SEXx 3.0, which takes place May 11, is an innovative program mixing TED-style talks and entertaining performances. Kinky, queer and welcoming, it’s like the sex-ed class you always wished you’d had.
SEXx 3.0 begins at 7 p.m. with a series of brief presentations at William Way LGBT Community Center, 1315 Spruce St. That portion of the program will last roughly two hours. After a short pause, the fun resumes at 10 p.m. at Franky Bradley’s, where burlesque, music and performance art are sure to be on the bill. Organizers have created a Facebook page for SEXx 3.0 to keep the curious informed.
Tickets for SEXx 3.0 range from $5-$20. Best of all, the proceeds benefit William Way, which is appropriate given SEXx 3.0’s focus on the community.
“We are trying to have more of a grownup conversation that’s about what is interesting to the community and the people in it,” said Dr. Timaree Schmit, a local author and sex educator.
According to Schmit, SEXx 3.0 offers an alternative to mainstream media’s depictions of sex and sexuality. She described those depictions as objectifying, rigid and sexist. One goal of SEXx 3.0, she said, is “to offer space to have conversations about things that people have been thinking about, that they’ve been feeling about, that they’ve been researching.”
To do that, Dr. Schmit and her fellow organizers — Susan DiPronio, Elicia Gonzales and Katelyn Regan — are putting together what promises to be a diverse lineup.
Last year’s version, dubbed SEXx Interactive, may offer a clue. In addition to slideshows, workshops and videos, attendees in 2015 were treated to a history of the leatherman community, practical tips on how to bottom and a personal account of one woman’s initiation into Tantra, to name just three.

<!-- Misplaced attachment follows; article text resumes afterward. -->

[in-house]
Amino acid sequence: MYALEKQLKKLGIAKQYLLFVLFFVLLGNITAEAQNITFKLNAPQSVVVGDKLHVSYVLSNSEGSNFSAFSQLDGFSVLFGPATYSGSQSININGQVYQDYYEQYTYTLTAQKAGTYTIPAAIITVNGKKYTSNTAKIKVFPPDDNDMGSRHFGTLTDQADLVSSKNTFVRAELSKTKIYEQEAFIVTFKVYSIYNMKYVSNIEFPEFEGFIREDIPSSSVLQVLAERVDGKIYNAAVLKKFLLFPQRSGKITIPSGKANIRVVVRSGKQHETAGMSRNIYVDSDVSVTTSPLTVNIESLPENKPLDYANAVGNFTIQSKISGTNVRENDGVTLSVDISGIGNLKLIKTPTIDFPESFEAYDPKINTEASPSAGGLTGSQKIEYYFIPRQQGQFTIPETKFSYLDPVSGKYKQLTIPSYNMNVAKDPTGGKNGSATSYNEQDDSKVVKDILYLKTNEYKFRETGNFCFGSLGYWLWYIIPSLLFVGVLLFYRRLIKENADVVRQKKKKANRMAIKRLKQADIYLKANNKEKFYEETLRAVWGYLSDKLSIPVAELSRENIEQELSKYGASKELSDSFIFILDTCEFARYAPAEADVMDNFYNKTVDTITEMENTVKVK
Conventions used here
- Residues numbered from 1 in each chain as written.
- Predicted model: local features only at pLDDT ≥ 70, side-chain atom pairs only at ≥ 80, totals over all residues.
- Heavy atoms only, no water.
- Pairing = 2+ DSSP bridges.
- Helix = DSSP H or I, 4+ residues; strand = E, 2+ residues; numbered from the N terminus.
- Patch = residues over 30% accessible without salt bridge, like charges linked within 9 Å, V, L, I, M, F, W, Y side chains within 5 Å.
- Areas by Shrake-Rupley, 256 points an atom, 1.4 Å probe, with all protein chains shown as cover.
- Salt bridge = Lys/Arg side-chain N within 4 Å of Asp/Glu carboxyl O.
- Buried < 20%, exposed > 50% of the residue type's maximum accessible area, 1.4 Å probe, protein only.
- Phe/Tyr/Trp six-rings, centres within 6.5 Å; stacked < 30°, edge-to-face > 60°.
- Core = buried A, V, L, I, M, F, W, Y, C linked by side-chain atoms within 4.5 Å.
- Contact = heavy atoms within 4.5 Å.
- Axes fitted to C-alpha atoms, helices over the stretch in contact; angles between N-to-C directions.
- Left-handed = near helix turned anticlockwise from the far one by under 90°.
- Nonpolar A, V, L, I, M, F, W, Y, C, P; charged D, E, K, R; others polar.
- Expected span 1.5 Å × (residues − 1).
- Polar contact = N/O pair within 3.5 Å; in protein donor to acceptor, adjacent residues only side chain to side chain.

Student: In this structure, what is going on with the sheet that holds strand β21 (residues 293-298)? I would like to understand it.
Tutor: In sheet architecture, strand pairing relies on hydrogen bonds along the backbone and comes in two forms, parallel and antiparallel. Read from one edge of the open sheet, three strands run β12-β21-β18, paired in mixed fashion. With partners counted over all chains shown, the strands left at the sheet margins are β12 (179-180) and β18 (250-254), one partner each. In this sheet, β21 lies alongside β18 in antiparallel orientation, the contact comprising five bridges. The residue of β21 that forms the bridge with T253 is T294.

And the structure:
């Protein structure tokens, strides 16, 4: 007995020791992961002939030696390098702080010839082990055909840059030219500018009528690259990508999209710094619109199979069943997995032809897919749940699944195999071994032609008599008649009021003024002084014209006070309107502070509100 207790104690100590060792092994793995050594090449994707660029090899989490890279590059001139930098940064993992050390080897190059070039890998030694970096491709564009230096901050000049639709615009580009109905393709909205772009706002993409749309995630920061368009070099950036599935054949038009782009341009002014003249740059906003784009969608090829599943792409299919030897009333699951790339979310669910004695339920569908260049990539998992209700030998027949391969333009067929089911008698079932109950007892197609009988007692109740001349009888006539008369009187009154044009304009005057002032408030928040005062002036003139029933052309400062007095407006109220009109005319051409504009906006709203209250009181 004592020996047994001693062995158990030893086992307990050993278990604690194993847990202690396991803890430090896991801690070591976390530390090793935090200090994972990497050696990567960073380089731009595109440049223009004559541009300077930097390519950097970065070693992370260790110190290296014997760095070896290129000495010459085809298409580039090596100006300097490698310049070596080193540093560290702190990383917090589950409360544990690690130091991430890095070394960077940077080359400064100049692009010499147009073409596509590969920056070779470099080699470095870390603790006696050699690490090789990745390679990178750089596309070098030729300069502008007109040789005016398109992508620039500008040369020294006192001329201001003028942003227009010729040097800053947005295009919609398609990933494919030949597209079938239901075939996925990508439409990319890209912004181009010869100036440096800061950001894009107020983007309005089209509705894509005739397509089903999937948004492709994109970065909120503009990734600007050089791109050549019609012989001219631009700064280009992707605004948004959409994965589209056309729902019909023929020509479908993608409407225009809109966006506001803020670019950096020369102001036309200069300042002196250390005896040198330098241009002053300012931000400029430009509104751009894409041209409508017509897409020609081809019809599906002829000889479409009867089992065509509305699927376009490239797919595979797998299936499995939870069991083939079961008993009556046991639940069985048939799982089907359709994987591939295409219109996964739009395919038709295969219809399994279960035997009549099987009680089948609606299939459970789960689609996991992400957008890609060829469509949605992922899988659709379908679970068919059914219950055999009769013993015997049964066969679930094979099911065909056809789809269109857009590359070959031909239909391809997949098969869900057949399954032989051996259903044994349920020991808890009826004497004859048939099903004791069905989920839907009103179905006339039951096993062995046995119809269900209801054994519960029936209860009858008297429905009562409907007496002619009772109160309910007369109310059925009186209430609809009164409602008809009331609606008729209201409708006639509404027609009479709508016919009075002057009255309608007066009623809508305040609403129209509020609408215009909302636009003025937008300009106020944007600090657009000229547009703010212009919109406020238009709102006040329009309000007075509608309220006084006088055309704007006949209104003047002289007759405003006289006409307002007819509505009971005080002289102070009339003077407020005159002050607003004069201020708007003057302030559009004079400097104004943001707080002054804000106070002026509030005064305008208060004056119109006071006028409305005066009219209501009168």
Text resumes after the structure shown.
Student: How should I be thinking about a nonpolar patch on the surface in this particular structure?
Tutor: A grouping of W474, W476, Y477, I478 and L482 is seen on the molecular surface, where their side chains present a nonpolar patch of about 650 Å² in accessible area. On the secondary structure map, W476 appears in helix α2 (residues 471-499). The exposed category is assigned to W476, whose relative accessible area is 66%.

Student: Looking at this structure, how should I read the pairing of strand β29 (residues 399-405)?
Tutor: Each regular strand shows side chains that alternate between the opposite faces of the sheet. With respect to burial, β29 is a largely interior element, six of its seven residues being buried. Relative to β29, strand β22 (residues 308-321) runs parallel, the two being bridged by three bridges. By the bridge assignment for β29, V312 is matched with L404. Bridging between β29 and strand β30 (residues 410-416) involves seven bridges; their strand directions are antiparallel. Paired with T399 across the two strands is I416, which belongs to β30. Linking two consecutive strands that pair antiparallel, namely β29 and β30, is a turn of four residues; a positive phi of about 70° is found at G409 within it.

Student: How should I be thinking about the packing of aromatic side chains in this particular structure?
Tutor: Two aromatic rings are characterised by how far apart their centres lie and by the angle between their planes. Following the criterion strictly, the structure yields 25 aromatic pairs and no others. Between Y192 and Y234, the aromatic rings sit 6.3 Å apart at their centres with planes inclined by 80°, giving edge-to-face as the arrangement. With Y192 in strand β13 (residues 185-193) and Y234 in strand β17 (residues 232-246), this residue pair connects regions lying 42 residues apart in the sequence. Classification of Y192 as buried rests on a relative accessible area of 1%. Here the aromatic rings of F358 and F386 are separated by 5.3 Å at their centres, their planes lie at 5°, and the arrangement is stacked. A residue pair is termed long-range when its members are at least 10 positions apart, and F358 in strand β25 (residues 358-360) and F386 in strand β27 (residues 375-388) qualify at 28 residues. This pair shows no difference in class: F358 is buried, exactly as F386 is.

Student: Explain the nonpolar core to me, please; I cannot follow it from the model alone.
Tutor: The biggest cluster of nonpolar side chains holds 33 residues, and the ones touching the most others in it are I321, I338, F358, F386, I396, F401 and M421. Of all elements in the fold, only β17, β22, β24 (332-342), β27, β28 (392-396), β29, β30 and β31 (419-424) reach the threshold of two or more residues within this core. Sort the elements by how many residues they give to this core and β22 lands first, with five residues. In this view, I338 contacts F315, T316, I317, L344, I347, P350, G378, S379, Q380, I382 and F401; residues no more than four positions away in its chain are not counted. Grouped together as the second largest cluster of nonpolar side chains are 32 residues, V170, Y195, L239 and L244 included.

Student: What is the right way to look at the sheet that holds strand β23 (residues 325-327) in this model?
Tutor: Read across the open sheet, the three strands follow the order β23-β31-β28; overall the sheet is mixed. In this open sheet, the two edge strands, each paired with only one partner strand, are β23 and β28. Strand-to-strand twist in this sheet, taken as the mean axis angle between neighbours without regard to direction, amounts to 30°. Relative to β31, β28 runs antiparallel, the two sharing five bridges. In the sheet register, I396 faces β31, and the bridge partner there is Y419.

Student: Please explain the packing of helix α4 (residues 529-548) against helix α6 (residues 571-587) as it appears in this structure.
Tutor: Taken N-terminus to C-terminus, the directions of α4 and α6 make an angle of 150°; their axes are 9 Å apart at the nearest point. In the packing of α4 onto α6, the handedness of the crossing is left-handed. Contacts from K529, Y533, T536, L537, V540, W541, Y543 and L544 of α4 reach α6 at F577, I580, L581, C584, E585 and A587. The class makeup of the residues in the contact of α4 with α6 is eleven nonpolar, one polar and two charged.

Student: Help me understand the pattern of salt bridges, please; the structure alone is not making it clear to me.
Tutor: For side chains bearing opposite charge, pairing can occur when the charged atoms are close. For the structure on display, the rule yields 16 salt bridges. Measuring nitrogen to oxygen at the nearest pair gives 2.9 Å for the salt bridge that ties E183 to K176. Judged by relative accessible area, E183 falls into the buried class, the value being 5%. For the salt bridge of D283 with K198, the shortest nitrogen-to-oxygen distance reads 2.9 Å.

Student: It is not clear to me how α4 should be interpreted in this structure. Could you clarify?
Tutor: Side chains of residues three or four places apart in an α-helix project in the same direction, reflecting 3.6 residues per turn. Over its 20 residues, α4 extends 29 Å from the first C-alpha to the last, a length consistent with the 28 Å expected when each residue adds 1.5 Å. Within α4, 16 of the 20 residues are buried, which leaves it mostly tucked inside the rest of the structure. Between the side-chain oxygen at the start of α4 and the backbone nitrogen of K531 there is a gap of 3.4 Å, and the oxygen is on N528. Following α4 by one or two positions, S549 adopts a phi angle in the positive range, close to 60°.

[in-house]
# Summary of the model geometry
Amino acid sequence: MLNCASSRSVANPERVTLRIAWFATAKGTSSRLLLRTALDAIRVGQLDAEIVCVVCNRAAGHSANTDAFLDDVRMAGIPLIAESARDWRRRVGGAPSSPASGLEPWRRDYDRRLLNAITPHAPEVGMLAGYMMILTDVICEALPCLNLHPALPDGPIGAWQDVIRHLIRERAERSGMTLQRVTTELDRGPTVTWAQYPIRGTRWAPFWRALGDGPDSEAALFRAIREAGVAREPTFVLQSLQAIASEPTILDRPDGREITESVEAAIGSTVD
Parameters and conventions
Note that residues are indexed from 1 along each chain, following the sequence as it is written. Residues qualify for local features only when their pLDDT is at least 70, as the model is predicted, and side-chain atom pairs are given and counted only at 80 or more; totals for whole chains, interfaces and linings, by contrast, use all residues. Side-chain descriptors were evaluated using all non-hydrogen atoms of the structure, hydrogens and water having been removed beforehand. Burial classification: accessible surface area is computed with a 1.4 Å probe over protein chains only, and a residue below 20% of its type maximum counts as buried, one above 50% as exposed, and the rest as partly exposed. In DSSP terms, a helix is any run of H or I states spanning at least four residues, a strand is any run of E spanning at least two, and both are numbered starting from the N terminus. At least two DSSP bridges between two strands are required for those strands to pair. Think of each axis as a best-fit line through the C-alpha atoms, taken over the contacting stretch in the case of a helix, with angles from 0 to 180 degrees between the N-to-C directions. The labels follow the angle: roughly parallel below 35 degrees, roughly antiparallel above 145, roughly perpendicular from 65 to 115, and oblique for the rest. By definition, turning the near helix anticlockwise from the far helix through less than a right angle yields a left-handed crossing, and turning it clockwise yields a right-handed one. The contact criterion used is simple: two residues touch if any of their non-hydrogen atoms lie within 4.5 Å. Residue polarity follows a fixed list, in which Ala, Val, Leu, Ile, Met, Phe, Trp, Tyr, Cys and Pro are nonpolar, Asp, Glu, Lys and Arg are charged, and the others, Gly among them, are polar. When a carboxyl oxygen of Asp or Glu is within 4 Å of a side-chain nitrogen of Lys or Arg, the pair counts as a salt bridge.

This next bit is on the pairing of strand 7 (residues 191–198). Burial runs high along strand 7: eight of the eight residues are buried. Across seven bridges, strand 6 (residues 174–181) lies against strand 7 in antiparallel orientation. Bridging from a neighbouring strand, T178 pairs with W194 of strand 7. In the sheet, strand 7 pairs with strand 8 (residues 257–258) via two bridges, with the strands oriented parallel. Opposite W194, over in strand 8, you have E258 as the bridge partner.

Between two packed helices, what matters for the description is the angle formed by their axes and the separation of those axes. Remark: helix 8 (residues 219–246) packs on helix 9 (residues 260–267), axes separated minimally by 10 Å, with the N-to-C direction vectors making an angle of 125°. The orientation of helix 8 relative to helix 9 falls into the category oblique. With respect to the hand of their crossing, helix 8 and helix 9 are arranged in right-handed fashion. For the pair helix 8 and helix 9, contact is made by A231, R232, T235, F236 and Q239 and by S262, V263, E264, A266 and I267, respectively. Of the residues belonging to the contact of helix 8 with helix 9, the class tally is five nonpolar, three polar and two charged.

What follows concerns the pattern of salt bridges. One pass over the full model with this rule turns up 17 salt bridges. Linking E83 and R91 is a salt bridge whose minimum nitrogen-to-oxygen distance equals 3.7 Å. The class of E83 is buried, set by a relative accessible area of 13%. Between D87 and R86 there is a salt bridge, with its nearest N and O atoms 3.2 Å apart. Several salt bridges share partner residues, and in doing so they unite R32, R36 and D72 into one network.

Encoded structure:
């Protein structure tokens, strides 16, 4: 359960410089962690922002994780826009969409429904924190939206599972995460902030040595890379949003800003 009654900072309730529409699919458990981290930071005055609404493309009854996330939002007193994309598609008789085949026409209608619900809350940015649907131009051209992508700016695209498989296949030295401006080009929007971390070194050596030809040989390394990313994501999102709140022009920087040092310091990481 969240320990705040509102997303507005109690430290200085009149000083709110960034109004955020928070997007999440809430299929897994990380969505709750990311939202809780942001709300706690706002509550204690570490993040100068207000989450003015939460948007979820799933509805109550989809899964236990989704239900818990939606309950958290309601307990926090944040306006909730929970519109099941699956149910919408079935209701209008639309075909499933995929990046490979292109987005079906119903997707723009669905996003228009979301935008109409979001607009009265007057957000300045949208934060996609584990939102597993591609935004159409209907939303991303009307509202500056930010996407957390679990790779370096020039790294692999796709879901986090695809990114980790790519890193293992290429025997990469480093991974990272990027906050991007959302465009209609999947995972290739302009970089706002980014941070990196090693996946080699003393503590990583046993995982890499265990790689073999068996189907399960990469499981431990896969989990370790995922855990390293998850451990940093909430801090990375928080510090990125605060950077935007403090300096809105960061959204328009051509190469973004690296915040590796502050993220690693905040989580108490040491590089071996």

The original idea for SEXx was hatched in 2014. Gonzales, former executive director of GALAEI, returned from a local TED talk and wondered why there wasn’t a similar local event dedicated to sexuality. She and her colleagues quickly rectified that by organizing the first SEXx event that May.
That event drew a standing-room crowd and inspired the organizers to continue.
“We saw there was a really big hunger for substantive, interesting, challenging, fun, ridiculous conversation around sexuality,” Dr. Schmit said.
There was still something missing, though. The standard lecture format, Schmit explained, represents only one form of expression. But the organizers of SEXx wanted to represent as many approaches to sexuality as possible. So in 2015, they opened it up to performers who do burlesque, drag, play music — anything, really.
“Whatever performance style they have, if that’s going to be how they get to convey their information, the way that makes sense to them, then we want to give them that shot,” said Schmit, who, under the nom de plume HoneyTree EvilEye, does a bit of burlesque herself.
That openness with regard to topics and format, gender and sexuality, is no accident. All of SEXx 3.0’s organizers are queer to some degree, said Schmit. They have also all worked in some capacity for organizations that support the LGBT community. Consequently, there’s a strong queer influence at work in SEXx 3.0.
“Any time we’re talking openly about sexuality in an expansive, exploratory way, that’s to the benefit of queer rights, that is to the benefit of any sexual minority, anybody who’s been oppressed on the basis of their sexuality,” Schmit said.
That queer sensibility was one of the features of SEXx 3.0 that appealed to Amy Jo Goddard, a sexual-empowerment expert with 20 years’ experience. Goddard, who cheerfully said she is “out as a queer person, as a poly person, as a kinky person,” will be giving a talk during the first part of the evening called “Sexual Rocket Fuel.”
For Goddard, sexuality is a vital component of peoples’ lives.
“I see our sexual energy as creative energy,” she said, “and I think that when we work on our sexuality, when we develop it and give it attention and really step into our power sexually, it impacts every other part of our lives.”
Goddard also appreciates the fact that SEXx 3.0 is open to everyone, of all genders, ages and sexual orientations. After two decades as an activist and educator, she knows that people have more in common than they imagine. “It really doesn’t matter what people’s sexual orientation is,” she said. “People struggle with a lot of the same things.”
Perhaps the best part of SEXx 3.0, according to Schmit, is the fact that it’s also a blast.
“It’s not just for personal development and growth,” she said. “It’s also just a really fun time hanging out with cool people.”
So follow the doctor’s orders and check it out. Tickets for SEXx 3.0 are available online at www.sexx30.eventbrite.com.